In 1881, the three regiments of Household Cavalry were using the 1870 pattern pouch belt. Like the regular cavalry belt, it was in two parts; the main belt and buckle assembly. It was three inches wide (an inch wider than regular cavalry). Instead of studs, the belt ends were buckled to the pouch. There were two loops for the flask cord later reduced to one, although the two loops could be seen well into the 1890s.
In 1885 the Household Cavalry, with the line cavalry, adopted the curved belt with the same fittings as used on the 1870 belt. The single loop for the flask cord was now standard.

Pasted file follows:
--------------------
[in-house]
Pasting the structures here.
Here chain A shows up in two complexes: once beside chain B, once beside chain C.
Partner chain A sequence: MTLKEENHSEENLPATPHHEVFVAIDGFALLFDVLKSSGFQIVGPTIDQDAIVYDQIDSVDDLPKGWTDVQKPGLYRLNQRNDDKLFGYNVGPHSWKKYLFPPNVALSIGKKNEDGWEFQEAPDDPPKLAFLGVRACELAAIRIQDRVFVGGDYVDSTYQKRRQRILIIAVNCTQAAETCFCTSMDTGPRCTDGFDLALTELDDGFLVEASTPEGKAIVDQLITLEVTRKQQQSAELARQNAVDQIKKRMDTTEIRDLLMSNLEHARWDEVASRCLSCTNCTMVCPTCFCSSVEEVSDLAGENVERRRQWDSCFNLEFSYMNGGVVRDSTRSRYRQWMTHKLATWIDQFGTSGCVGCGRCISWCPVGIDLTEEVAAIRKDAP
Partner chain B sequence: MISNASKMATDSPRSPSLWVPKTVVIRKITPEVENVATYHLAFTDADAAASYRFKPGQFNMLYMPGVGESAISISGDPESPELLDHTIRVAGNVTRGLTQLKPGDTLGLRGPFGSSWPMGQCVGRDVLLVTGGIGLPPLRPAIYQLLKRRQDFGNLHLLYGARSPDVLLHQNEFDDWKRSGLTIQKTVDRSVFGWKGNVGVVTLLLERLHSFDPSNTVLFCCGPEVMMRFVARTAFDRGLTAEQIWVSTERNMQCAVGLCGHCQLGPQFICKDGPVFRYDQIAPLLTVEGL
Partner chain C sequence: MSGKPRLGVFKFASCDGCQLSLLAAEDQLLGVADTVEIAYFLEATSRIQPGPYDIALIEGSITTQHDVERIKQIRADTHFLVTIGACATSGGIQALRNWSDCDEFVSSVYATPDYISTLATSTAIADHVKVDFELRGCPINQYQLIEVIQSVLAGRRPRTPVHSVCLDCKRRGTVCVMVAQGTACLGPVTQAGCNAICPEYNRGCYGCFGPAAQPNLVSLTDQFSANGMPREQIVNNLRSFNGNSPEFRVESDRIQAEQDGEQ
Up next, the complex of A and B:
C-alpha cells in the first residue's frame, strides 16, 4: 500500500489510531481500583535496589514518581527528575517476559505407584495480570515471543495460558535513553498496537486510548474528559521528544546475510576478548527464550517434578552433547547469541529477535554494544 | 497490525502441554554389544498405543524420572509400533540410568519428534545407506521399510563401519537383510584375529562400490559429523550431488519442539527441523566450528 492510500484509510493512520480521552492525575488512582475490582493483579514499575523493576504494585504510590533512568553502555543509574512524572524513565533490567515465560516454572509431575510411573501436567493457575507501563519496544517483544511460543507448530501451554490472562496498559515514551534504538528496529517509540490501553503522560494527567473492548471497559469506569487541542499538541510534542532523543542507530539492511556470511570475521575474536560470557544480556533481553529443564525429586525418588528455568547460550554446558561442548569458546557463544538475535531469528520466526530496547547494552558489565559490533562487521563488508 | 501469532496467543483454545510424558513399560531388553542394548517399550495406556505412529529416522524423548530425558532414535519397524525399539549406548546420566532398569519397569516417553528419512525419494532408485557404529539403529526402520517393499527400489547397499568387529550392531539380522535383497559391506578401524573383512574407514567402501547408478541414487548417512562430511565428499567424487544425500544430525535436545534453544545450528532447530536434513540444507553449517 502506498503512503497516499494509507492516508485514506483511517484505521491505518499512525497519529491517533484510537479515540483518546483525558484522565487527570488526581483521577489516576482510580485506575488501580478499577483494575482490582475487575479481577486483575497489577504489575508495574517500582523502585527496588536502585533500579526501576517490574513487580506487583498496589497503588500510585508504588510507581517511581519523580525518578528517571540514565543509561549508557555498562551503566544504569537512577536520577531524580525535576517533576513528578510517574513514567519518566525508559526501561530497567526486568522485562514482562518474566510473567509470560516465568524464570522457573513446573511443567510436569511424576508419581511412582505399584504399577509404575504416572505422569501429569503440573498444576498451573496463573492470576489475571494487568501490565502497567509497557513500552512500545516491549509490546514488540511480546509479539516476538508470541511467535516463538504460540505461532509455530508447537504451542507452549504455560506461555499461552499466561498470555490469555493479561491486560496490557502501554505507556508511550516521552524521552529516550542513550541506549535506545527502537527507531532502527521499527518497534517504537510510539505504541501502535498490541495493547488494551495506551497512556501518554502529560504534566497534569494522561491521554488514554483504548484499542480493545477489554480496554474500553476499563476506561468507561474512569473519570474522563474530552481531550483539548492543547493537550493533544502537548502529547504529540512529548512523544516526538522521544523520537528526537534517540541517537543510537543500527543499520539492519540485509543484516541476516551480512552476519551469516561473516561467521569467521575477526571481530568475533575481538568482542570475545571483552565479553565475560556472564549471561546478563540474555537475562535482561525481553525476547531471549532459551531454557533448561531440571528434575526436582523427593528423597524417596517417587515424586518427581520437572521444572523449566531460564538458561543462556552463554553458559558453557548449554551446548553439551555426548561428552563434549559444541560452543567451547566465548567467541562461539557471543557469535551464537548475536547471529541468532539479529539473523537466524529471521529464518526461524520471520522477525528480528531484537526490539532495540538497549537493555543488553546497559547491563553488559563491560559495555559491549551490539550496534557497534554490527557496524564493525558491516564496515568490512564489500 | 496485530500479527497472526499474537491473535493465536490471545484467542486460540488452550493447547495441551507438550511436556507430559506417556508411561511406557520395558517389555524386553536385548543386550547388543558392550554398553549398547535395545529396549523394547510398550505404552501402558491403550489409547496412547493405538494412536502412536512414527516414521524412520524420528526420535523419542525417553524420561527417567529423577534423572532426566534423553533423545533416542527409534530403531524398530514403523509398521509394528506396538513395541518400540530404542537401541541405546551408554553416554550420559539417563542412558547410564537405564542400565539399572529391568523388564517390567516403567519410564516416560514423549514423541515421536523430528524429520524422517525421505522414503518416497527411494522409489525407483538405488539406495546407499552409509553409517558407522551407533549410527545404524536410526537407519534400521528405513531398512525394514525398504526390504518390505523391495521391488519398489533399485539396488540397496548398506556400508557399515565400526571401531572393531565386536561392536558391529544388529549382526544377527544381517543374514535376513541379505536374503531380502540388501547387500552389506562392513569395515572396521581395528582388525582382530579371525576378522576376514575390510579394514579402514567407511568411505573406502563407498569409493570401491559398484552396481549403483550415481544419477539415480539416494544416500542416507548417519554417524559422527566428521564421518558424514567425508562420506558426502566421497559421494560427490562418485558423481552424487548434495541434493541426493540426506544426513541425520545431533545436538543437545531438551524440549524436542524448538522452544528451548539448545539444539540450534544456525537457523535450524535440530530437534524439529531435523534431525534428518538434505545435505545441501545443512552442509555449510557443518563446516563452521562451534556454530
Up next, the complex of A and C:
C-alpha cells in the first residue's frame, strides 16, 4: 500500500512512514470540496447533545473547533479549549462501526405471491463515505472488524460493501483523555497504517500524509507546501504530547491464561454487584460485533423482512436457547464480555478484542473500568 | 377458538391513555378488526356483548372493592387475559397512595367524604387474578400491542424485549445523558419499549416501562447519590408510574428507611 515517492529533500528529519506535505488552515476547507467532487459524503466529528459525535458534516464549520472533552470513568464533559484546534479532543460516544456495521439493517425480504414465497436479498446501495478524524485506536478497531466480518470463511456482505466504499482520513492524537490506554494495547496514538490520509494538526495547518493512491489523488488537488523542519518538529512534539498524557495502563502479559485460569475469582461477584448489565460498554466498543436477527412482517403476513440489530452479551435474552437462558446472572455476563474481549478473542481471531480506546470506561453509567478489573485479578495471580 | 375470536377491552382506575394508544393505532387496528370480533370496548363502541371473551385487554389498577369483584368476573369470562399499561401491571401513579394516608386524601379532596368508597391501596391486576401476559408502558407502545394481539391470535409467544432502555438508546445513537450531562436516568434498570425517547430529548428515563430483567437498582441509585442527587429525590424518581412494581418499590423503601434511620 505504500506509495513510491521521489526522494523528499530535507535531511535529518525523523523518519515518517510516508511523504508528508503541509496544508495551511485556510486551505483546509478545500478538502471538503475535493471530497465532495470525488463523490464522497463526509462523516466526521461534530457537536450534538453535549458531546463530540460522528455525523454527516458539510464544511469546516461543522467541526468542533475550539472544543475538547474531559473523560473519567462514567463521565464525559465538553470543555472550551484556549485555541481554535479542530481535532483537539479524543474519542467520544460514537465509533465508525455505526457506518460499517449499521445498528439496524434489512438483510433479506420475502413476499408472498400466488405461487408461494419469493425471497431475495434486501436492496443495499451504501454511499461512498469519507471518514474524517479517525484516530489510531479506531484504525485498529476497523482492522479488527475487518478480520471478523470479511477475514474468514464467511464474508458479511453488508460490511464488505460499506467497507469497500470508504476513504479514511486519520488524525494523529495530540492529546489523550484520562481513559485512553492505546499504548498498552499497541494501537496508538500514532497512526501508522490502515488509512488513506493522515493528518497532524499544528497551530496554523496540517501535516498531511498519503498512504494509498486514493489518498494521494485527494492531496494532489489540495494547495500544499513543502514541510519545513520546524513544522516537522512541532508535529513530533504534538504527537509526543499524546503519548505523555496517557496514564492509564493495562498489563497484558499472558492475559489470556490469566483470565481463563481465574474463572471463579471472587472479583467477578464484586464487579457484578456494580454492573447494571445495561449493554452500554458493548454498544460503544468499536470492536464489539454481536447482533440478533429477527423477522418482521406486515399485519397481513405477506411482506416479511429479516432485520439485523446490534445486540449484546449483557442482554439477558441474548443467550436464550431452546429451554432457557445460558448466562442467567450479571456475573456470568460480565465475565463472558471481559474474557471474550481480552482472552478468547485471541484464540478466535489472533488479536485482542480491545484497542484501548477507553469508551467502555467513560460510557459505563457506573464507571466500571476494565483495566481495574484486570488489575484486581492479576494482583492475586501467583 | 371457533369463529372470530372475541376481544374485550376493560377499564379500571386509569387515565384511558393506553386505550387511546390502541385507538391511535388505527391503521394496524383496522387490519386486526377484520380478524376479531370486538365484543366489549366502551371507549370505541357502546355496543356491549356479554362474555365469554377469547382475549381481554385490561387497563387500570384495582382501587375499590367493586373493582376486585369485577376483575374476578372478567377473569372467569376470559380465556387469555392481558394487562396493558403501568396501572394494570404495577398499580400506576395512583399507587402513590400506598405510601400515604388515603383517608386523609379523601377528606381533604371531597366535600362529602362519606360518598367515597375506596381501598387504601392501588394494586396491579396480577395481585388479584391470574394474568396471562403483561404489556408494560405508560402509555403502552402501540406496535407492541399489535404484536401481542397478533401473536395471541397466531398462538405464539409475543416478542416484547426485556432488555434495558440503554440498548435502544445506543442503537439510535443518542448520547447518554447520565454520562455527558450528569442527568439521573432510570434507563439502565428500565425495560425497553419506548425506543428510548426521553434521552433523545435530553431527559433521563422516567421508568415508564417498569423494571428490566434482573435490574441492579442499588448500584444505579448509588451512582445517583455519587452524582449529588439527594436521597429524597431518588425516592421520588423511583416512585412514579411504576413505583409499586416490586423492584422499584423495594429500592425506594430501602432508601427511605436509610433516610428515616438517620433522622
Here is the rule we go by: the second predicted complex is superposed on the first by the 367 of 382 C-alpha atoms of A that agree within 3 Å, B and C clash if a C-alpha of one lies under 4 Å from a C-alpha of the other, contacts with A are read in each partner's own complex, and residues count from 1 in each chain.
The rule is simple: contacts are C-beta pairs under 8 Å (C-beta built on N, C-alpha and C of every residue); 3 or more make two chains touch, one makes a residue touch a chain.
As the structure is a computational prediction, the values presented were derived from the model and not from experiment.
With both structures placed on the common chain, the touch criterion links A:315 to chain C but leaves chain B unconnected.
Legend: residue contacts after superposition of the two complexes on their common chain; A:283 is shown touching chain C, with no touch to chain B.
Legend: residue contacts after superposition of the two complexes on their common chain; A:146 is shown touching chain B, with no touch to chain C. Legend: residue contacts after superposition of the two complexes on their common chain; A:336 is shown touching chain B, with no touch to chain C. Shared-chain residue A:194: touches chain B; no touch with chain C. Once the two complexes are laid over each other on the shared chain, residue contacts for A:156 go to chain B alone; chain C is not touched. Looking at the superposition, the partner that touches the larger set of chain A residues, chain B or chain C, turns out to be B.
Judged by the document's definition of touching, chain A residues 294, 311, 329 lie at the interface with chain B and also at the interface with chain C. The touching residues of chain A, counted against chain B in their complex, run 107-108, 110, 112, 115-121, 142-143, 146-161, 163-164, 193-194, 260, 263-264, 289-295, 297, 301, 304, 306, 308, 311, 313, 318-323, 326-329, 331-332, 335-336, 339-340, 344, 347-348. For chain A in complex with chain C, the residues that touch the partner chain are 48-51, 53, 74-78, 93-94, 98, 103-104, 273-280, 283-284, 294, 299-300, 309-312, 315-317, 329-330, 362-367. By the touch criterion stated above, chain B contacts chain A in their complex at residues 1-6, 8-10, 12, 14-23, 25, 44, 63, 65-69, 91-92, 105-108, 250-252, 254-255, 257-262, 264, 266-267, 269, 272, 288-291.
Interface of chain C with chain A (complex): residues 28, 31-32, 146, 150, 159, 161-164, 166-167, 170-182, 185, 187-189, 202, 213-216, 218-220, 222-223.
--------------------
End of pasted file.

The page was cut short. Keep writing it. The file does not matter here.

Household Cavalry pouches were the same as the line cavalry. On the 1882 pouch the 1st & 2nd Life Guards had the ornament of the Royal Arms in brass with a full scarlet felt backing. By the time the Mark II and Mark III pouches were adopted, the backing was only on the lower part.
The Royal Horse Guards did not have a backing to the ornament. Staff-Corporals and above used the officer’s pouch with the same ornament as the men.
The 1882 and 1884 pattern belts were essentially the same. 2 inches wide and in two parts attached with a ring. The sword carriage belts were secured with a stud instead of being sewn. The belt plate was, in 1884 standardized to bear the Royal Arms for all three regiments. Prior to that the plate for the 1st & 2nd Life Guards was the same as their officers’ pattern, only plain brass.